When I can, I fish for trout with a dry fly in mountain streams. It can be cold, obviously very wet, frustrating, but oh the joy of the feel of a fighting trout on the end of a 2kg breaking stain line, and a light rod.

Often you sneak up a stream all day and see nothing, but sometimes, occasionally in unexpected places, you get  a rise, with luck and skill hook them, and with more luck and a lot of skill and experience, can bring some of them into the net.

So what has this got to do with lead generation?

Well, a lot actually.

Fish where the fish are.

There are places in a river where the trout are more likely to be, at the tail of runs, behind an exposed rock, under the banks, protected by overhanging trees. You can spend a lot of time fishing every inch of a stream, but if you need a feed for lunch, best spend your time going to where the best odds lie.


You rarely get lucky quickly, it takes time, perseverance and patience, as well as skill, and better yet, local knowledge.

Use the right bait

Trout are fussy feeders. In the really clear streams, you will sometimes see a trout come up ‘for a look’ and pass on the fly. When that happens, it sometimes pays to give a it a few minutes, and change the fly to an alternative. You know there is a fish there, you know it can be tempted, so trying an alternative fly sometimes pays dividends.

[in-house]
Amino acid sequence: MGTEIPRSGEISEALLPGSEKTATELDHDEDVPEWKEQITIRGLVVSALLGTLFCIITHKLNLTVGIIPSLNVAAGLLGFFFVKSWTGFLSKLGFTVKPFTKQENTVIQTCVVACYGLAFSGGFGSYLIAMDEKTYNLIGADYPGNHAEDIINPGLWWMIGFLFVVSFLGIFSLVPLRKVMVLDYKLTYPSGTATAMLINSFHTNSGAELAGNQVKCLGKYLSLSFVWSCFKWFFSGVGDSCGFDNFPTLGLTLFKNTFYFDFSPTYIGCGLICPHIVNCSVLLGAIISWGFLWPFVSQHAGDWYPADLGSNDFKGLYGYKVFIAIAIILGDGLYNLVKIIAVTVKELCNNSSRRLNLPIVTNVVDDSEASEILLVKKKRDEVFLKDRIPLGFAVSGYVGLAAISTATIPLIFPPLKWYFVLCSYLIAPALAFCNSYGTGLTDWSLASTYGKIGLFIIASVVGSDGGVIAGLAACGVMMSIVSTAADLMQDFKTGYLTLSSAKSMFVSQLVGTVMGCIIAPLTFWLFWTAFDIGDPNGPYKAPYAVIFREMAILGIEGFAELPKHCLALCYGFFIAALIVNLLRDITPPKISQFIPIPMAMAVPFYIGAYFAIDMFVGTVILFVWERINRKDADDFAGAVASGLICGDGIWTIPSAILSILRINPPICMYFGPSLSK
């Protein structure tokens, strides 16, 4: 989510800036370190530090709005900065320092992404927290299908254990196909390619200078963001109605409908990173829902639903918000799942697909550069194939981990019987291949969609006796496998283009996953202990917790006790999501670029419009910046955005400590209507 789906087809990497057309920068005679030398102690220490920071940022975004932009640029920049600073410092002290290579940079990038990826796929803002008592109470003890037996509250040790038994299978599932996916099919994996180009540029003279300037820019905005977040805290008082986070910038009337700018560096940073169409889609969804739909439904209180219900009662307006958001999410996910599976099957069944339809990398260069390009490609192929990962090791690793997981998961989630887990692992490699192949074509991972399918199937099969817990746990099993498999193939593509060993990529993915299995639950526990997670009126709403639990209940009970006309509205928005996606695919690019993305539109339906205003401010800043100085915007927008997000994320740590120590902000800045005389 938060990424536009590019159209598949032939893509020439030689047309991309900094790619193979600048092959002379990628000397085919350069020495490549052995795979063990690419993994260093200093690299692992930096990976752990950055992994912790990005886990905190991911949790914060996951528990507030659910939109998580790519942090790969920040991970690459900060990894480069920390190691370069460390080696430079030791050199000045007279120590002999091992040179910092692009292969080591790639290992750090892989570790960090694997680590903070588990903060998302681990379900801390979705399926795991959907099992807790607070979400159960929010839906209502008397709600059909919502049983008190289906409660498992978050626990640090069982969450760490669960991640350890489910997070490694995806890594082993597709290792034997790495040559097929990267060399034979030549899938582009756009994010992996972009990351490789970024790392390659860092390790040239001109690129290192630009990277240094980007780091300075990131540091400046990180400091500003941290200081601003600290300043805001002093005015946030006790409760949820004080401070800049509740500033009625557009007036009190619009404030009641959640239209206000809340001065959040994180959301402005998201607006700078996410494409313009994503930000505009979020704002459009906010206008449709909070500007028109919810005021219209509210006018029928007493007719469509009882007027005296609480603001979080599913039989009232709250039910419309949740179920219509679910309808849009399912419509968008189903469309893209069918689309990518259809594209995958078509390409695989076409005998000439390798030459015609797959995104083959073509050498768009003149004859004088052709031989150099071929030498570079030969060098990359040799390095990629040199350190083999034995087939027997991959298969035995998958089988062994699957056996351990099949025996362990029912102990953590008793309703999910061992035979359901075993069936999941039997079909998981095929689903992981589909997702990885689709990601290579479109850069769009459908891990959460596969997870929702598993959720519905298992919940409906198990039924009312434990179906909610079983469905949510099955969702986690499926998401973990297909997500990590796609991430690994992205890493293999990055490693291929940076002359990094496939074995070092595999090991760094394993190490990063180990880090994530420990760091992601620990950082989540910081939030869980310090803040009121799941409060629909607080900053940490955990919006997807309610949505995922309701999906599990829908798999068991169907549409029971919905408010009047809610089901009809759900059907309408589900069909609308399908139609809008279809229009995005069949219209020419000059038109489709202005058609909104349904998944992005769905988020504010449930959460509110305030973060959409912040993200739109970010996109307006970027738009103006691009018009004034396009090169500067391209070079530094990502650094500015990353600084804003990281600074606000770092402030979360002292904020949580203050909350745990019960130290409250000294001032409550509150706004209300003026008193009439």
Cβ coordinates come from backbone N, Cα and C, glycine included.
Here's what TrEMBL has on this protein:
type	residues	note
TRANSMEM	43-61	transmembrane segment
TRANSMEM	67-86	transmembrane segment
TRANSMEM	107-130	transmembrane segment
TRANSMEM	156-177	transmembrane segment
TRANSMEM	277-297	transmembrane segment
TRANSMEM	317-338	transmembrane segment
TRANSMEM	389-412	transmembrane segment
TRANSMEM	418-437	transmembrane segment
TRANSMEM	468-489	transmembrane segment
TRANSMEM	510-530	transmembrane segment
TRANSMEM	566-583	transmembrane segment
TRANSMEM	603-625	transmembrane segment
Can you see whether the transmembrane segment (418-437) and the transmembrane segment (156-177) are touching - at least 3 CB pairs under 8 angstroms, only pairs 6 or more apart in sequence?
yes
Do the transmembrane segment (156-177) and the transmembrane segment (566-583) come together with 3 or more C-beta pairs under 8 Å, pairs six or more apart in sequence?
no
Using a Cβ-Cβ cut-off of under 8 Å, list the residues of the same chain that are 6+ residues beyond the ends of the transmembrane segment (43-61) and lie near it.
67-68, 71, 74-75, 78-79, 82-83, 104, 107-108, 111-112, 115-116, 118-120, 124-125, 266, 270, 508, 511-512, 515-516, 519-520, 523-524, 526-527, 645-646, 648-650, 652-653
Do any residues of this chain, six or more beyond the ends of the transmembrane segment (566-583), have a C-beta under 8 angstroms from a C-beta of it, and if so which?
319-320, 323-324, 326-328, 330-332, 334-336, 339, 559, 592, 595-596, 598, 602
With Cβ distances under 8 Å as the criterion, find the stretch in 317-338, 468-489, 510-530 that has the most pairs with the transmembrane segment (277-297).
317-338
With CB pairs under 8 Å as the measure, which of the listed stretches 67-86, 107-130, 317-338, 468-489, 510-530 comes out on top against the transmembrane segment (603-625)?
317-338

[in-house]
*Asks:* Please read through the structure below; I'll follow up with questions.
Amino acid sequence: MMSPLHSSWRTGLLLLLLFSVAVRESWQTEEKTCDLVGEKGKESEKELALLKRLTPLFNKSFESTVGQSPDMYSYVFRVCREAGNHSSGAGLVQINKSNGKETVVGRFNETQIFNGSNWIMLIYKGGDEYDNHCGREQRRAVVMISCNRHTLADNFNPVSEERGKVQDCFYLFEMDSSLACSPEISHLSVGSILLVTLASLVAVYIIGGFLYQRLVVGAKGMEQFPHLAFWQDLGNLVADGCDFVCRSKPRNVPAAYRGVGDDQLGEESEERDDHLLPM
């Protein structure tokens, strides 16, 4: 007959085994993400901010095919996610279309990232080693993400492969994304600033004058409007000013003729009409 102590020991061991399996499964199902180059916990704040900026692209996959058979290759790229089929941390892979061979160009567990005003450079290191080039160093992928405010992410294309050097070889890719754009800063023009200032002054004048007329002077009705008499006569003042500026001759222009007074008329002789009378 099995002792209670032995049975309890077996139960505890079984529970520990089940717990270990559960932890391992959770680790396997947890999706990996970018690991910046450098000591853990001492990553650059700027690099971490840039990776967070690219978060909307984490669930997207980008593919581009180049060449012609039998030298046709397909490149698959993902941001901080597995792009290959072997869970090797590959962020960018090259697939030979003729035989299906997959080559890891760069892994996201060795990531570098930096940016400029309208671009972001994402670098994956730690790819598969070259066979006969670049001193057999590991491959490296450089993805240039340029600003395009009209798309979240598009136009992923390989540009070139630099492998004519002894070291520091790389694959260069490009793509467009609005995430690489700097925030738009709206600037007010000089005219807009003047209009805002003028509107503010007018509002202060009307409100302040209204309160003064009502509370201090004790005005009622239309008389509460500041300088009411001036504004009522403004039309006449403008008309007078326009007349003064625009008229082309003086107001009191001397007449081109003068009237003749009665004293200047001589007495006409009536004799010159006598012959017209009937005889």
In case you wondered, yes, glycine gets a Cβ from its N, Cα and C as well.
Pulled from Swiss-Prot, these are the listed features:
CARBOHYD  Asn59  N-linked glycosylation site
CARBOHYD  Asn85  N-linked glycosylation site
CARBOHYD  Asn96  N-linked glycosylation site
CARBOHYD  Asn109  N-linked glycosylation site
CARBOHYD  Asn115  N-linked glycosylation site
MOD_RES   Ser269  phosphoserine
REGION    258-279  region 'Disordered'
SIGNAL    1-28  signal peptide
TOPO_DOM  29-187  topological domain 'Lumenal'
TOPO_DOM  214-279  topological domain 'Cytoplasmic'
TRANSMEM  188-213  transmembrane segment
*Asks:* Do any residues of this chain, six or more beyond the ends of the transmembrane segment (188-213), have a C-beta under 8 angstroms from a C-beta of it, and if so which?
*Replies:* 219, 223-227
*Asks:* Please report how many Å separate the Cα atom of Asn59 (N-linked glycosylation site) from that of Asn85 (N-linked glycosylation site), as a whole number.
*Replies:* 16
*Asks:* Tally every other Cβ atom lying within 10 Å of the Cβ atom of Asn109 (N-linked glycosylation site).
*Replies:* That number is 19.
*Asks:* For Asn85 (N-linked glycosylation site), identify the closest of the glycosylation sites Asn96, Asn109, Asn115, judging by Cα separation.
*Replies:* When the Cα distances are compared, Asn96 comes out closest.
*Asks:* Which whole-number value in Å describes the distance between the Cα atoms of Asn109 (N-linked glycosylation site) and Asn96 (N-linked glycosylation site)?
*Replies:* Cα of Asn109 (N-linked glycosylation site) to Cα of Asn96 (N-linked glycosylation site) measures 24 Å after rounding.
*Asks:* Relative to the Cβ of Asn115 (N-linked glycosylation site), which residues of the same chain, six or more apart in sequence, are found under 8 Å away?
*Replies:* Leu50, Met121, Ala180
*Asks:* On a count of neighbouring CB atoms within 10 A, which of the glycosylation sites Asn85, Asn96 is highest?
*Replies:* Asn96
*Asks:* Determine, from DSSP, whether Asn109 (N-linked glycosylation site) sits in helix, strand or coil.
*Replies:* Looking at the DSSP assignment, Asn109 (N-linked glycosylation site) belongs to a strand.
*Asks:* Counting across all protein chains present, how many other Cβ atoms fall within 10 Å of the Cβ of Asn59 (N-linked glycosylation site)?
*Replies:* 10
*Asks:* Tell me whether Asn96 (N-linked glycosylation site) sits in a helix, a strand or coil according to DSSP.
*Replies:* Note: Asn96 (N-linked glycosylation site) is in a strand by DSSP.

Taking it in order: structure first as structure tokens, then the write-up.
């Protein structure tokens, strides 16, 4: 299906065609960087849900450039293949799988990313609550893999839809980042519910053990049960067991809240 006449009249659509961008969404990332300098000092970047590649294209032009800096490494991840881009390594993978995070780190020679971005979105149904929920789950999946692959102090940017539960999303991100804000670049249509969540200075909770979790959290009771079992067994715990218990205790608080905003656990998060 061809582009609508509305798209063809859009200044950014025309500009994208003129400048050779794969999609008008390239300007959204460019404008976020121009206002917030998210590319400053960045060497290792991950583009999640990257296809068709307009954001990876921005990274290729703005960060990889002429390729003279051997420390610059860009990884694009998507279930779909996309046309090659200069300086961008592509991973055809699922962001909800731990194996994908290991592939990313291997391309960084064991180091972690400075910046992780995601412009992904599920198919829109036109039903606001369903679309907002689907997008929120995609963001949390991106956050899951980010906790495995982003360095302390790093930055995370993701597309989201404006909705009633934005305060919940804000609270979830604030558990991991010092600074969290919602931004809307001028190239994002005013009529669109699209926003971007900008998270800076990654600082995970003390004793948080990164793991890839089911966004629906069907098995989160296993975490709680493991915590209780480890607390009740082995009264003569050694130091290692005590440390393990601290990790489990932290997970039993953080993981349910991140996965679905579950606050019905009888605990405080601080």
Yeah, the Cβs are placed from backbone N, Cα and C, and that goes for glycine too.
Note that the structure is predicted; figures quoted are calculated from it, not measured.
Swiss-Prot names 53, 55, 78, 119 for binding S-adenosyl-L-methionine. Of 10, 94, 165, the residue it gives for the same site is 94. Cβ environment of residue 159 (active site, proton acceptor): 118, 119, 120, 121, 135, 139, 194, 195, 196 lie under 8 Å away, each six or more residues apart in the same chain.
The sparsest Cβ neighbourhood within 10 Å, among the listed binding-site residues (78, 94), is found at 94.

Blend into the ecosystem.

Being obvious ensures failure. Colorful shirts, noise, creating any disturbance in the surroundings puts trout off. They are timid, easily scared, and have very good senses that pick up anomalies. Alarm them even slightly, and you have no hope of tempting them to a fly.

Learn to stalk

When you find an ideal spot, and you know there is a trout there somewhere, spend some time watching, noting the nuances of the stream, observing the sort of food that is around, and how it behaves in the water , and particularly if and when your target comes up for a look or rises to take something. Then you have the knowledge to tempt them onto your fly.

The conditions have to be right

Trout are very sensitive to conditions. They will not rise if there is a storm coming, they feel the pressure differences, so they hunker down. Similarly, they rarely rise in the rain. Surprising really, a bit of extra water should not make a difference, but it does. Best times are early morning, when the sun has been up for an hour or so, and still evenings around dusk.

Luck plays a role.

J.P. Getty was once asked how he became so successful. His response  was ‘rise early, work hard, strike oil’.

Sometimes you just get lucky but if you are not in the river at the right time, with the right fly, and doing all the right things, by definition you cannot be lucky. Luck comes with hard work, engagement and commitment.

None of this is any different with Lead generation, it is remarkably like fly fishing. Every lesson I learnt a my old dads knees, hiking through the bush to find the right spots, wading up steams, learning the knots and skills of the sport is applicable to  commercial ‘sport’, where lead generation is an absolutely essential skill for most businesses, certainly all B2B businesses.

As we fly fishers say ‘tight lines’ .